She would throw her case open and lean into some sweet jazz that wafted on the salty Cambridge air straight up to our window and into my heart. When I saddled my nerve I tossed a quarter in her case and asked if she gave lessons.

In my brief career as a sax player I learned two songs. As Time Goes By from Casablanca, and Cannonball Adderly’s Mercy, Mercy, Mercy.

The instrument has traveled with me lo these many decades since and somehow the muses found it this winter and brought it down from the old prop room as a dare.

As you see, I called their collective bluff, but it started, as many paintings do, with a simple gesture…

Our renegade window did eventually get spotted. Some big wig saw the light emanating from it as I worked late one night. I got all kinds of yelled at and we had to cover it back up, which may or may not have been a clandestinely removable patch.

In my dreams now it is open and I can see the stars above the chimneyed rooftops.

And I have told Herself
that if I go first
she will know
every time she hears a saxophone…
it’ll be me.



The Mighty Blixa…

This sparkly smiling little boy is Blixa, the 3 yr. old son of an old friend of mine…Doug, aka Dug, and Lauren Cawley and younger brother to Dregen. Dug and I go all the way back to Harvard Square in the early 80’s when we worked together in the tiny closet of a frameroom at the Coop.

Now he and his wife own a frameshop in San Francisco and Dug tells me he’s some kind of famous in the screaming grundgy music world since he plays and sings in a band called The Grannies. Now…it’s a good thing for both of us that I’m not a music critic… and when we reconnected via facebook a while back I did take a quick tour of his site and listen to some of the music…and for an old folkie like myself it’s downright terrifying.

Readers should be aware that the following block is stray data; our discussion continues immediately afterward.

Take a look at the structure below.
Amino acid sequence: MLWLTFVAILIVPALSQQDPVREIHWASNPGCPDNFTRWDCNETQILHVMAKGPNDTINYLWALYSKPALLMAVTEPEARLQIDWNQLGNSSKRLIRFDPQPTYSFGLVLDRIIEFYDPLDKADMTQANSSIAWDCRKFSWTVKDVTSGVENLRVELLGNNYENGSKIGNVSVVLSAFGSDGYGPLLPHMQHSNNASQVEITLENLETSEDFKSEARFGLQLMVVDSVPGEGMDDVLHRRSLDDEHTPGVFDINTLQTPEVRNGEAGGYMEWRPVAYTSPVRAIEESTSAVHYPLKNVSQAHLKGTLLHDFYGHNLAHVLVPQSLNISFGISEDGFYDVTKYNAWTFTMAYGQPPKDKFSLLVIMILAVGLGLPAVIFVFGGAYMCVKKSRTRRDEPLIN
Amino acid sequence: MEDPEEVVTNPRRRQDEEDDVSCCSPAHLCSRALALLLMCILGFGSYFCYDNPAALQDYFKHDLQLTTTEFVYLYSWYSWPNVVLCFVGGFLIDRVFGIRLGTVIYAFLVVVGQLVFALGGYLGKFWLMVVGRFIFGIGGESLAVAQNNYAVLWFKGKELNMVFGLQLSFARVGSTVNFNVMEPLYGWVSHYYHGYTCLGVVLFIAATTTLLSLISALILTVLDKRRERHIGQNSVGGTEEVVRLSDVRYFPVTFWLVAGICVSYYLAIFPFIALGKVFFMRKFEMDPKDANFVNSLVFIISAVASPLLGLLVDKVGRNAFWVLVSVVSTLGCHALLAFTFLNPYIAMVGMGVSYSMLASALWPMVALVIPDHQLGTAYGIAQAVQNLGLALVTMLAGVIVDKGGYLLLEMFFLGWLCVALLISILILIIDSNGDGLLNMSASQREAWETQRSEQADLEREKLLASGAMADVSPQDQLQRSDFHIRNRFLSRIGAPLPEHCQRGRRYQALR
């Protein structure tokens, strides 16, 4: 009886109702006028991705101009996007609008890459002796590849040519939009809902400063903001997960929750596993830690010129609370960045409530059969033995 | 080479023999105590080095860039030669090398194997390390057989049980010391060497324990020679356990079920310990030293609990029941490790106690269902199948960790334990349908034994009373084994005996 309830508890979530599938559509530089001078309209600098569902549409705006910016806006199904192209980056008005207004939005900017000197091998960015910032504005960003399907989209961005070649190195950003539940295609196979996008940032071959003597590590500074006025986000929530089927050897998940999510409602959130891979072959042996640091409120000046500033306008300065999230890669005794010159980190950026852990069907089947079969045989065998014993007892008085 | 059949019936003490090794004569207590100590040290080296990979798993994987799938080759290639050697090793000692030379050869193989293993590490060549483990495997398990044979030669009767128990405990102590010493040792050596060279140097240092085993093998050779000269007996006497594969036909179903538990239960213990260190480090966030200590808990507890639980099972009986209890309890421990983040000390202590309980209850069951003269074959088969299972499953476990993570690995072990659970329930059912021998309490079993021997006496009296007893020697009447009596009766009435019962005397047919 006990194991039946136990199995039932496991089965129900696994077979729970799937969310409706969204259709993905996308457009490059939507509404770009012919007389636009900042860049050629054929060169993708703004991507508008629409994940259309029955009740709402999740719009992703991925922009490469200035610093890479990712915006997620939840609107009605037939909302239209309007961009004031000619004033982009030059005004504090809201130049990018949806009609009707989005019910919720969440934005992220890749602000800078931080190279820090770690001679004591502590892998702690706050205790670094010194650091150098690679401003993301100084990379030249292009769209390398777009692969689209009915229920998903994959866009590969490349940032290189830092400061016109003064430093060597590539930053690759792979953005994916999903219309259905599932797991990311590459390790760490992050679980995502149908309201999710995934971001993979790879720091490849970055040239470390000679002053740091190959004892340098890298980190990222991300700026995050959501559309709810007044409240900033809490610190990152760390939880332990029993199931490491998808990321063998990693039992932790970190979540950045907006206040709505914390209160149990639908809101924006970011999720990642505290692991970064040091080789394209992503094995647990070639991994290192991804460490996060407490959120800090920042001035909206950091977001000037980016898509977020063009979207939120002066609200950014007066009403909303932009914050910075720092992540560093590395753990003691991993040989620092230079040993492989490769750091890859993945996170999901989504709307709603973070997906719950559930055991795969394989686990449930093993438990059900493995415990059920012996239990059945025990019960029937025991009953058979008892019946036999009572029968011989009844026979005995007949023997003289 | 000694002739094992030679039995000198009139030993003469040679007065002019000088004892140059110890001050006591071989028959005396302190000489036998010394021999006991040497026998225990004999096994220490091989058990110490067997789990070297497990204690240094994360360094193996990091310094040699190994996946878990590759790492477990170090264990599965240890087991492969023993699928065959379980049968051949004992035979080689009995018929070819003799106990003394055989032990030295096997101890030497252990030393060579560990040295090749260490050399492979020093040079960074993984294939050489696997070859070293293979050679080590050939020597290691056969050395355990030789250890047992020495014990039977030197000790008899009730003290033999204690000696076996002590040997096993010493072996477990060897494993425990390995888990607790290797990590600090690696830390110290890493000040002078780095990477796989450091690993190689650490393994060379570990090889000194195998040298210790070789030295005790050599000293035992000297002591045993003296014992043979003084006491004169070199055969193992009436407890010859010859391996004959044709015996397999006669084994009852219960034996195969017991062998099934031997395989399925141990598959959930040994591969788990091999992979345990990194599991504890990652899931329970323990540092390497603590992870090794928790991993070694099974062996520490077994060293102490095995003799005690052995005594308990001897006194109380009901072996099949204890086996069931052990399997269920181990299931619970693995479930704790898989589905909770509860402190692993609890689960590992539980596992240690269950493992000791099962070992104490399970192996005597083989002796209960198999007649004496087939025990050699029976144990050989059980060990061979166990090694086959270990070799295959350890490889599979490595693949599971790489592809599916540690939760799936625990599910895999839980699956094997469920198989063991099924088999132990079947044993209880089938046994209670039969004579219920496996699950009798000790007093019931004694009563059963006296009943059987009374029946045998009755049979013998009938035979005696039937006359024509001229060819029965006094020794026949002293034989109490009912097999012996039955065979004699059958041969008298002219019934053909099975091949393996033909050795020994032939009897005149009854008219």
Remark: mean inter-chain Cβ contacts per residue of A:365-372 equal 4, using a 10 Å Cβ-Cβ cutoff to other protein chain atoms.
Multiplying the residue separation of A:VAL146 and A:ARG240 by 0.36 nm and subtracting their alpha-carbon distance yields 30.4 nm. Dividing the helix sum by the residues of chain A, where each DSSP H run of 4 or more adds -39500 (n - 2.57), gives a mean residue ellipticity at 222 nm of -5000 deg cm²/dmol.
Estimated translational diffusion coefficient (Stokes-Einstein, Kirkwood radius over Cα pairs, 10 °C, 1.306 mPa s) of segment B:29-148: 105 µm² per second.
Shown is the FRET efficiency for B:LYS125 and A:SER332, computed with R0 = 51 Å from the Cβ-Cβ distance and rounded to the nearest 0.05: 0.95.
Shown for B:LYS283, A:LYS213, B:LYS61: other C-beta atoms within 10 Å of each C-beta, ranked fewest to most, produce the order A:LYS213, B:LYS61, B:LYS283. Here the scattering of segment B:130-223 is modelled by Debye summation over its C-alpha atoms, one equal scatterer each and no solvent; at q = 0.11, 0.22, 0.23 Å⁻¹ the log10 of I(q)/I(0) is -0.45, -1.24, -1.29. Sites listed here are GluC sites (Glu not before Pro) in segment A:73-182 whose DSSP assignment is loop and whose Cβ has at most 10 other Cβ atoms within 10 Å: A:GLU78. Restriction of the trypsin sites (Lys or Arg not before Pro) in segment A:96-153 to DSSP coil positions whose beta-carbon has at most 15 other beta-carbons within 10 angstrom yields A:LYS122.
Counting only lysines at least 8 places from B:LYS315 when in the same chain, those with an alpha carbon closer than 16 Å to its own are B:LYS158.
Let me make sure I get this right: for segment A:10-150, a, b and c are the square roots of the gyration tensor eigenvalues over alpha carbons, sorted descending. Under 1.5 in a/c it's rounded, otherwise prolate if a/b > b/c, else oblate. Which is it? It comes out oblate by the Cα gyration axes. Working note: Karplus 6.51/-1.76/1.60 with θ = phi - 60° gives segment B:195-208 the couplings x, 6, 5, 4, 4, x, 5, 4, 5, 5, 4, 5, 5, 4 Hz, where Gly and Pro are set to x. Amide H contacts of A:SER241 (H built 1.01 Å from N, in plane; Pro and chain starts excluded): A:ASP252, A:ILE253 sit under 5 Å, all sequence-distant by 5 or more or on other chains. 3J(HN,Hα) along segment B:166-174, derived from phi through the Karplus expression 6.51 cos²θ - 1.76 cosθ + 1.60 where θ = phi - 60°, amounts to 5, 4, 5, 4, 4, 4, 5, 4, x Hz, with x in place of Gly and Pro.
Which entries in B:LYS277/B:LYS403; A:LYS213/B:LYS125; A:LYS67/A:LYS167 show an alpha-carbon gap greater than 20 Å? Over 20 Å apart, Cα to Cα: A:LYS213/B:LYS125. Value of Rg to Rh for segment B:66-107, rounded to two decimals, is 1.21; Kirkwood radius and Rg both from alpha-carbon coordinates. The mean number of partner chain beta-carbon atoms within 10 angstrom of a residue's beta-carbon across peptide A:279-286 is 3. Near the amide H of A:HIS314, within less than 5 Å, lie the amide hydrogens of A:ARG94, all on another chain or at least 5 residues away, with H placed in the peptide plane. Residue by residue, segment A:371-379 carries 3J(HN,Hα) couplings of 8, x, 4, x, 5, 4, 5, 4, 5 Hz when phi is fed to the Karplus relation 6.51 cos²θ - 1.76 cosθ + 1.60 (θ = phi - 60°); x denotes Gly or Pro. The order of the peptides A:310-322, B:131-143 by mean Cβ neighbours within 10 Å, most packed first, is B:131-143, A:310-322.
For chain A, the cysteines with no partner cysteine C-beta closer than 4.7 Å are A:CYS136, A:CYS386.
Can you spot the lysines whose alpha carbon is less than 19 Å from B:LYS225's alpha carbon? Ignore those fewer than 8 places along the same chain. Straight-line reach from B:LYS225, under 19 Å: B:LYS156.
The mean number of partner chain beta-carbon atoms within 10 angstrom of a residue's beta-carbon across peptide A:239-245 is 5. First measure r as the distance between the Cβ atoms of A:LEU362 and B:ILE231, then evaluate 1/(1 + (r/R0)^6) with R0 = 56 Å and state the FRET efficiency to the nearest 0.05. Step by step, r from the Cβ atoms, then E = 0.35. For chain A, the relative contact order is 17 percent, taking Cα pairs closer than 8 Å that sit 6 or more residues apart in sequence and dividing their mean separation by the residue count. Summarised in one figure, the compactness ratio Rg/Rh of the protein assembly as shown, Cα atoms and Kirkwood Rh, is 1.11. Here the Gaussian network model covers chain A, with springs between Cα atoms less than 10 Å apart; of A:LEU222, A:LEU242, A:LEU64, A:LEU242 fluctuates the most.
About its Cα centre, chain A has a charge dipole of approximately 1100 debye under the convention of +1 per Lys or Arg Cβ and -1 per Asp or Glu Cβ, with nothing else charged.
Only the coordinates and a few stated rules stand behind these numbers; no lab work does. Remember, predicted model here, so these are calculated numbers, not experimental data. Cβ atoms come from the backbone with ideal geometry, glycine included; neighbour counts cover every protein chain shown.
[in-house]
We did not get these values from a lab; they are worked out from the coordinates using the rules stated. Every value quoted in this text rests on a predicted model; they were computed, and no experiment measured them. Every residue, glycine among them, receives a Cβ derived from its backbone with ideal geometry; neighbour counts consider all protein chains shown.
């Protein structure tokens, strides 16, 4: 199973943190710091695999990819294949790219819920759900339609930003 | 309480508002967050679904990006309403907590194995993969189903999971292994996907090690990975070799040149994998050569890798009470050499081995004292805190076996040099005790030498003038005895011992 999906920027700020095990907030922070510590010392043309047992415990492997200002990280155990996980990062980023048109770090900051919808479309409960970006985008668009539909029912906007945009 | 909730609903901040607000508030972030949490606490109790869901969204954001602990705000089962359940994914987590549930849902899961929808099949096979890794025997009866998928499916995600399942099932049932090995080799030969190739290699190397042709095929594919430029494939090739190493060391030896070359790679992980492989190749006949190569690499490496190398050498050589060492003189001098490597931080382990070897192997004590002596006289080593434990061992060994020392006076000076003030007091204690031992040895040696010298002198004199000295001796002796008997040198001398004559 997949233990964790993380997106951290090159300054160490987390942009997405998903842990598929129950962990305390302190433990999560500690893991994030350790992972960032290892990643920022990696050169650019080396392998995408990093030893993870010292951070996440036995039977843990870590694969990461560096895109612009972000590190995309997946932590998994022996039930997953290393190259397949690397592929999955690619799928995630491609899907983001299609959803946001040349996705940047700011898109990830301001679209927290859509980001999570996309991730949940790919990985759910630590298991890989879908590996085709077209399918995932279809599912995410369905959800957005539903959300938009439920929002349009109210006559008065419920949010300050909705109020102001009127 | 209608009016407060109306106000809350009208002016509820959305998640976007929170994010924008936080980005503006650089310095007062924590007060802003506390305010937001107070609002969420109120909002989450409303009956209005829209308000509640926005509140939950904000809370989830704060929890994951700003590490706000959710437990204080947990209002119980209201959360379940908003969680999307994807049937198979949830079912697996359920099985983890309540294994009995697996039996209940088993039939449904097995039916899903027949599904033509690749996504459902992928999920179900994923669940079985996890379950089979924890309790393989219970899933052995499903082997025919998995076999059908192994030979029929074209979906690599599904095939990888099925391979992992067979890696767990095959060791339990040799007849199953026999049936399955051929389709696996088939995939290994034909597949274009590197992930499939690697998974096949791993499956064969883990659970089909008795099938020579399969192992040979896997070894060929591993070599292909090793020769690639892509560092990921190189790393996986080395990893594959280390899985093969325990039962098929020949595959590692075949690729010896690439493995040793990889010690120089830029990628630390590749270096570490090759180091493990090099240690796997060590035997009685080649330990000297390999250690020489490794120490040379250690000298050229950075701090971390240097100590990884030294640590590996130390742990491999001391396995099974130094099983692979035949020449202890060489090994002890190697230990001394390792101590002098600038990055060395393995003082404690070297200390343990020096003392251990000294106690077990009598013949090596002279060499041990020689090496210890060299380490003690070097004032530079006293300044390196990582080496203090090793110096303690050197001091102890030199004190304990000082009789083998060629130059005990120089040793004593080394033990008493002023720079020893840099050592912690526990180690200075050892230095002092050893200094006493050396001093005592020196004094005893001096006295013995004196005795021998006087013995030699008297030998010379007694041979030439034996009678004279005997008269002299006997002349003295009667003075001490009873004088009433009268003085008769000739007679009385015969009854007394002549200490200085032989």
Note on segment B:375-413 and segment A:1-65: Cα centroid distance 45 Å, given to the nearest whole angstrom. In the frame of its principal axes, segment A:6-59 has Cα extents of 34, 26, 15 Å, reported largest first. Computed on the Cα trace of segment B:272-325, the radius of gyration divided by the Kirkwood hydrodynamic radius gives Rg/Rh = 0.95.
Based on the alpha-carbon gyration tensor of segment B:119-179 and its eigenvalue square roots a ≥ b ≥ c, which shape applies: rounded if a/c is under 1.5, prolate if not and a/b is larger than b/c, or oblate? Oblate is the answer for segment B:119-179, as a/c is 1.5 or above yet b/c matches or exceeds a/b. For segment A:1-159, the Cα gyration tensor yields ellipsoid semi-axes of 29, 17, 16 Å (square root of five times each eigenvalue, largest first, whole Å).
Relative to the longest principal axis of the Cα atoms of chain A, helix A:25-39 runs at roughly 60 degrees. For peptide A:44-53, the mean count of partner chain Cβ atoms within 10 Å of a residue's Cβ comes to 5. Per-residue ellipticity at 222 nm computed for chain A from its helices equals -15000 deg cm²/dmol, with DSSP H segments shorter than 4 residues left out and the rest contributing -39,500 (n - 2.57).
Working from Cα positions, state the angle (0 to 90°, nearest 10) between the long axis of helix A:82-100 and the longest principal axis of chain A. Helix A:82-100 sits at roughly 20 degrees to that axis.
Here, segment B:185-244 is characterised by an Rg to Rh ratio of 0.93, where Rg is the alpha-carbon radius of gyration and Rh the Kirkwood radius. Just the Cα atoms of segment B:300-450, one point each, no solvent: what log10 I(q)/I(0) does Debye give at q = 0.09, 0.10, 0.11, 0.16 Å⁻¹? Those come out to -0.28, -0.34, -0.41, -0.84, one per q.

So consider yourselves forwarned if you dare to go down that road and look them up…although there are sure to be those among you who will be quick to challenge my narrow gereatric musical tastes and enlighten me to the intricacies of lyrics and costume…have at it.

What I can say, from the bottom of my heart, is that Dug is one of the finest, kindest and dearest humans on this planet. And so it was especially hard to hear the news that young Blixa has just been diagnosed with Leukemia. This is a family that has picked up more than their share of burdens, having been swept out of their home by the mortgage dementors. And, with their lives already out of balance, there is now a different focus to their needs.

I’ve followed along on his facebook page as he kept us all in the loop from Blixa’s hospital bed to his homecoming. That kid is smiling in every single photo and appears to have all the special powers he will need to battle this transformer. But the family could use some help.

The band is doing some fundraising gigs. Their website has some scary posters and gear for sale. And they have just put up a link on Paypal which lets people donate directly to Blixa’s medical fund. I tried that link today and Dug responded immediately so I know it’s up and running and it’s safe….

If you’re moved to want to pay forward some kindness that you were offered when you were in need of  help…

I’m just sayin’…

here’s the info directly from Doug’s FB page…

Also a lot of folks have been asking about a donation site and we now have set up – just use as the recipient & it will go directly to a health account for Blixa. Thank you!